On the morning of Thursday, April 12, 2007, Wye Hale-Rowe watched out the window of the plane as U.S. Airways Flight 180 descended into Phoenix. She surveyed the landscape that unfolded on the ground below — blue swimming pools, elevated freeway interchanges, and a flat grid of streets studded with slender desert palm trees. When Hale-Rowe left her apartment in Aurora, Colo., that morning and drove 20 miles by taxi to the Denver airport, the air had been frigid. In Phoenix, however, the temperature was expected to climb to 75 degrees. But Hale-Rowe wasn’t a snowbird, the local term for retirees who flock to Arizona in the winter and stay through spring to enjoy the weather. Her trip to the Valley of the Sun would be short. She was there to help Jana Van Voorhis commit suicide.
From The Big Roundtable:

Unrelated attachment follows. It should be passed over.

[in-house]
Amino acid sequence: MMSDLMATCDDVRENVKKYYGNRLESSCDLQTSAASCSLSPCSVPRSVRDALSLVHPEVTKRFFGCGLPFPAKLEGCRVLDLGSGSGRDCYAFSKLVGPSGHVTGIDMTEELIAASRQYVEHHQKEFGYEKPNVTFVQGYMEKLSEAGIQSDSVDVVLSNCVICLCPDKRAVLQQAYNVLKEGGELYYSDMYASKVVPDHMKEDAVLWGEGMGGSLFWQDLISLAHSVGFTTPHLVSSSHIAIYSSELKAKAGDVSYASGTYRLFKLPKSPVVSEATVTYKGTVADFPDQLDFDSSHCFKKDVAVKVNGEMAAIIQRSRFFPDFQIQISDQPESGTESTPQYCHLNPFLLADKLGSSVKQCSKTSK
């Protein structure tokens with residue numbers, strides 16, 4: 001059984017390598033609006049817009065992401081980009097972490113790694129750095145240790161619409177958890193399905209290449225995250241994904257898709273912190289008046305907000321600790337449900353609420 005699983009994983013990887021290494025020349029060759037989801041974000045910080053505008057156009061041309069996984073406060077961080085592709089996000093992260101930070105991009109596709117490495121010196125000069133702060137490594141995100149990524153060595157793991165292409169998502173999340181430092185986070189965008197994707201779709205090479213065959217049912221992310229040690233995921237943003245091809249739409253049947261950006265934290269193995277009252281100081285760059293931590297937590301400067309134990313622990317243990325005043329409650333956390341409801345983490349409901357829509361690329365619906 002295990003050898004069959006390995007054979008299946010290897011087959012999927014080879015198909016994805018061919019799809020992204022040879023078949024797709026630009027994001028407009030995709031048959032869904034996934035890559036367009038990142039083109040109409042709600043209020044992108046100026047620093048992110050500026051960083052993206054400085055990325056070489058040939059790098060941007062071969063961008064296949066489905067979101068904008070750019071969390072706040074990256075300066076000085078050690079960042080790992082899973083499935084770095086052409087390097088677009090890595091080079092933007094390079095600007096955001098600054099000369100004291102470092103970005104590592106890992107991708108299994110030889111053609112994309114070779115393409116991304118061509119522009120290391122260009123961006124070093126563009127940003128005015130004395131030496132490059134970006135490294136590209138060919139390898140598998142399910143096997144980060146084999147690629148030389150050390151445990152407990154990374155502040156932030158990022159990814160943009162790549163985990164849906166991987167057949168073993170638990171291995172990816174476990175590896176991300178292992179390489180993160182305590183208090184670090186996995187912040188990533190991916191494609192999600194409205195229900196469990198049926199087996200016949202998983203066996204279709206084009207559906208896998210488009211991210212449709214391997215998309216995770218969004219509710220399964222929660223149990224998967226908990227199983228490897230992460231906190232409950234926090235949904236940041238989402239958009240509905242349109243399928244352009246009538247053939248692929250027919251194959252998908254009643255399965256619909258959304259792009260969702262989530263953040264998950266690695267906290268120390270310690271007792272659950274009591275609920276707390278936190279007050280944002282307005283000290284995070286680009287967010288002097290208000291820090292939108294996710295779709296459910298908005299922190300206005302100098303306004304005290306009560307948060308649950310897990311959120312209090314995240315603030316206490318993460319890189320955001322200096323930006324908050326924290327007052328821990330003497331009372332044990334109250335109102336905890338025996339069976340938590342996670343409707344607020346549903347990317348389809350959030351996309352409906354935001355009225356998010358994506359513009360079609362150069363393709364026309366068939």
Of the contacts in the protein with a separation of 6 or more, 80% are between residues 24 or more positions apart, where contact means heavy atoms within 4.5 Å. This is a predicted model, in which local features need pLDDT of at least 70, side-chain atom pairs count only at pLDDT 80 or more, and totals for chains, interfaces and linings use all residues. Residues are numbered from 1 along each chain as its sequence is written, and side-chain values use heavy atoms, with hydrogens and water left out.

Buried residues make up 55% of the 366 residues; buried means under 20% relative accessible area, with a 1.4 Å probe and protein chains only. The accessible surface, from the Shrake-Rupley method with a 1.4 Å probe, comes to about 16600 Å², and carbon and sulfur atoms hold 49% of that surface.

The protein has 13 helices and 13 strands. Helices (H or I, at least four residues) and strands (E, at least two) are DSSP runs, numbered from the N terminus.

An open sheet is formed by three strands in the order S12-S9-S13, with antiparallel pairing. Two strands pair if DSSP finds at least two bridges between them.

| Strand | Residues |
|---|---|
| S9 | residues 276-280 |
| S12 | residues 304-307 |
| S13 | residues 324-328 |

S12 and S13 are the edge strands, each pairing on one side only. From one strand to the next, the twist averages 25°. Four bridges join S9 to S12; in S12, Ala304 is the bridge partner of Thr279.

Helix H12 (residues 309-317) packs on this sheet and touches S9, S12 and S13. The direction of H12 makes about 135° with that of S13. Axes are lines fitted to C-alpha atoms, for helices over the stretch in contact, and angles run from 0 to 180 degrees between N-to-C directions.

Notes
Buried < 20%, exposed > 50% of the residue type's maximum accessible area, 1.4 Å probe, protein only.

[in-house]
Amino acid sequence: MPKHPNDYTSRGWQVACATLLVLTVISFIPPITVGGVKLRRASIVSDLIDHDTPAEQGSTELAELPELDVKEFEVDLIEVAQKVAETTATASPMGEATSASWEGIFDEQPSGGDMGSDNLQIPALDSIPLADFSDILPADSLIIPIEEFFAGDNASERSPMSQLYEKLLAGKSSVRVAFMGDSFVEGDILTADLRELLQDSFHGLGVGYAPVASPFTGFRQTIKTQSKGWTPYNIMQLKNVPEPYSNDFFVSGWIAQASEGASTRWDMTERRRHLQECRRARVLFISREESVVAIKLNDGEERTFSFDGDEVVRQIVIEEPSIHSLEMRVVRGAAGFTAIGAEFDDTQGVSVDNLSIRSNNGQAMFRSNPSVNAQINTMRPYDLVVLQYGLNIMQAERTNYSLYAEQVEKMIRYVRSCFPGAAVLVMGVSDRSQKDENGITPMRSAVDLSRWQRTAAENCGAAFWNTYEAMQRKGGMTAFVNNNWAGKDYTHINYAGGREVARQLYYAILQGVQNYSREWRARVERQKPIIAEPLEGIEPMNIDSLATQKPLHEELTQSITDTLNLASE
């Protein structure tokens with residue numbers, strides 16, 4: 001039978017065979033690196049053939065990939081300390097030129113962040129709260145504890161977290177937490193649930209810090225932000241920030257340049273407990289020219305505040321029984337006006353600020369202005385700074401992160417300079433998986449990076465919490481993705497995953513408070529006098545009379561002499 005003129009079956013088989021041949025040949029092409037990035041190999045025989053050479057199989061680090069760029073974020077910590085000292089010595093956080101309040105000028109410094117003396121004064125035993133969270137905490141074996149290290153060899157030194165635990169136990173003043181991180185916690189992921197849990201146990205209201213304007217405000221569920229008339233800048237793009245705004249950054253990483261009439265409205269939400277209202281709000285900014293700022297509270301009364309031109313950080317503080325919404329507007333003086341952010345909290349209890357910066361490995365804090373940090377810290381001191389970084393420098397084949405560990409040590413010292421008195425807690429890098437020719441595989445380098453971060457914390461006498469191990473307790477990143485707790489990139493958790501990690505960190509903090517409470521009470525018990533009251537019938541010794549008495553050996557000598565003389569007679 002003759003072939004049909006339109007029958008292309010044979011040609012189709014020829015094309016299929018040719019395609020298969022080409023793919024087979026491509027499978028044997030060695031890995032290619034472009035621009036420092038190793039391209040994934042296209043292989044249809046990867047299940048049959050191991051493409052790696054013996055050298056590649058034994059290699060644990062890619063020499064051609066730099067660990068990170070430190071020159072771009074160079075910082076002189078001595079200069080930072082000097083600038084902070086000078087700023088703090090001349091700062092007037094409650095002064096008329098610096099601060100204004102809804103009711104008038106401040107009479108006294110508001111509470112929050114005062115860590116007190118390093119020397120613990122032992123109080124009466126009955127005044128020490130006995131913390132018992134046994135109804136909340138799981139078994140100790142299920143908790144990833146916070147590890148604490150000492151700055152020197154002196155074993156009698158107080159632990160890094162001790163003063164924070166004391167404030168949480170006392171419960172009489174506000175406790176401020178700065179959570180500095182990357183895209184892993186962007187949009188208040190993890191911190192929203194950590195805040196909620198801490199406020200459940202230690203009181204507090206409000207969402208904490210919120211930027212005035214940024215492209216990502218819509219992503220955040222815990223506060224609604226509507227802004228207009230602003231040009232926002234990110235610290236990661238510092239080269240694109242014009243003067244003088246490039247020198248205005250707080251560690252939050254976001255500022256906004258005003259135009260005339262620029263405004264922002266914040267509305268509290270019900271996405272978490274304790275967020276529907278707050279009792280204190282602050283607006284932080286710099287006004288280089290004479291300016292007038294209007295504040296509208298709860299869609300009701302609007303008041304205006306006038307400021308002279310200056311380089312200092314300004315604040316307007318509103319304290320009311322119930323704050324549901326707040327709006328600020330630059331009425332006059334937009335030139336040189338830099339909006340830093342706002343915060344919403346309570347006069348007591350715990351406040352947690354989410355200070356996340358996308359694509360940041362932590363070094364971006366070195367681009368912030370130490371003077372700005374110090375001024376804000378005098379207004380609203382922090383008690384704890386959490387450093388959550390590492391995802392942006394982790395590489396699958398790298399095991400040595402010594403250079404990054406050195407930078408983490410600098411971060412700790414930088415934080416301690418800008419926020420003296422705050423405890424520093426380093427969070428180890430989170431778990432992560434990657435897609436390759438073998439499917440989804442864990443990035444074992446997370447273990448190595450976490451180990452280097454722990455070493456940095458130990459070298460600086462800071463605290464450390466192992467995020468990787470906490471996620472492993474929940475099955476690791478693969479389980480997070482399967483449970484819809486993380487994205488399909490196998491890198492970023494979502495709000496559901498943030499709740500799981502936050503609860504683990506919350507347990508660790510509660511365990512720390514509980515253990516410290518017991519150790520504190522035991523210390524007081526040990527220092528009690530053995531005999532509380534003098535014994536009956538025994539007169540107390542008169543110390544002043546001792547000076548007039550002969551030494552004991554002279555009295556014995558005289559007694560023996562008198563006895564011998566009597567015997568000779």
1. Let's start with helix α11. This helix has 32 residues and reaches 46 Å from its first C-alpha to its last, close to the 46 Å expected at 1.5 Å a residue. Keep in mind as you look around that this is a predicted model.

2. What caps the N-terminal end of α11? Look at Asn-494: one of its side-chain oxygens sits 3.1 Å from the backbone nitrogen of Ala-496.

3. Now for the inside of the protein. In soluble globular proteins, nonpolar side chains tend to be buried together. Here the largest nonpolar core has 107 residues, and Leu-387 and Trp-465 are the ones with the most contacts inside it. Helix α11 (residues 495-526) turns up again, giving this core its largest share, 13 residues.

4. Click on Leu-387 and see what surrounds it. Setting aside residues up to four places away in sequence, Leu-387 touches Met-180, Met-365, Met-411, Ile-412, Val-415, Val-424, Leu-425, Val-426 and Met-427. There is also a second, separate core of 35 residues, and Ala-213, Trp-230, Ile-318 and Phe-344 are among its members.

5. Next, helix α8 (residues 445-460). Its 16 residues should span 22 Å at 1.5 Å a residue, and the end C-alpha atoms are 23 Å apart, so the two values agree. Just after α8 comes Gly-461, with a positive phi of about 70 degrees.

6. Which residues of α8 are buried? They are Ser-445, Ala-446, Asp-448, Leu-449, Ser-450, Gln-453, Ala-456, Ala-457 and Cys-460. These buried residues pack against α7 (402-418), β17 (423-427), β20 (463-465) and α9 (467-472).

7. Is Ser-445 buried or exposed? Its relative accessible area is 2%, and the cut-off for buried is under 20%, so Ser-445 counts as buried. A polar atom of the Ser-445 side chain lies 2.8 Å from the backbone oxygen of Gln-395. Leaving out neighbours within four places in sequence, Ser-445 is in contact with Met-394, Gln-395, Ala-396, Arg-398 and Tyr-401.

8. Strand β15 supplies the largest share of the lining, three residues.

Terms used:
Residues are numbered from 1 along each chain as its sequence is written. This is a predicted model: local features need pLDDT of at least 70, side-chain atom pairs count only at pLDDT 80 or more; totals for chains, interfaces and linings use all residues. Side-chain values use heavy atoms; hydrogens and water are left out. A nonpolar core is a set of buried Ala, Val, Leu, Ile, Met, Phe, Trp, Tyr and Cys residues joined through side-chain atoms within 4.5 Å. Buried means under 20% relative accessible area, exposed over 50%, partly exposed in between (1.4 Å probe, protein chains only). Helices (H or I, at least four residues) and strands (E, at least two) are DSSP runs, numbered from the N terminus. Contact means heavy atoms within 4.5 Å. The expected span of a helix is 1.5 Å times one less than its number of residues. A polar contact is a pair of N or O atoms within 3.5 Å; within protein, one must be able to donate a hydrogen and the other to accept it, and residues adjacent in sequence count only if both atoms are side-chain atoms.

At 12:30 in the afternoon on Monday, June 25, 1990, lightning flashed above the Tonto National Forest near Payson, Arizona, about 100 miles northeast of Phoenix. It started a fire just south of the Mogollon Rim. Within an hour, the fire had spread over five acres. By 4:15 p.m., more than 100 acres of manzanita brush, scrub oak, and old-growth ponderosa pine had been consumed in what was by then called the Dude Fire, named for Dude Creek, where the lightning had touched down and ignited the blaze. Propelled by brisk winds, the flames moved fast. Initial attack crews were called in. Helicopters dangled collapsible canvas buckets from sturdy cords and dipped them into nearby lakes and ponds to gather thousands of gallons of water and dump it on the fire. Air tankers dropped bright red slurry, a fire retardant. Neither had much effect. At 6 p.m., the U.S. Forest Service called in 18 wildland fire crews, each made up of 20 team members, from across the state and beyond, to help suppress the Dude Fire. One was a crew of inmate firefighters from the Arizona State Prison at Perryville.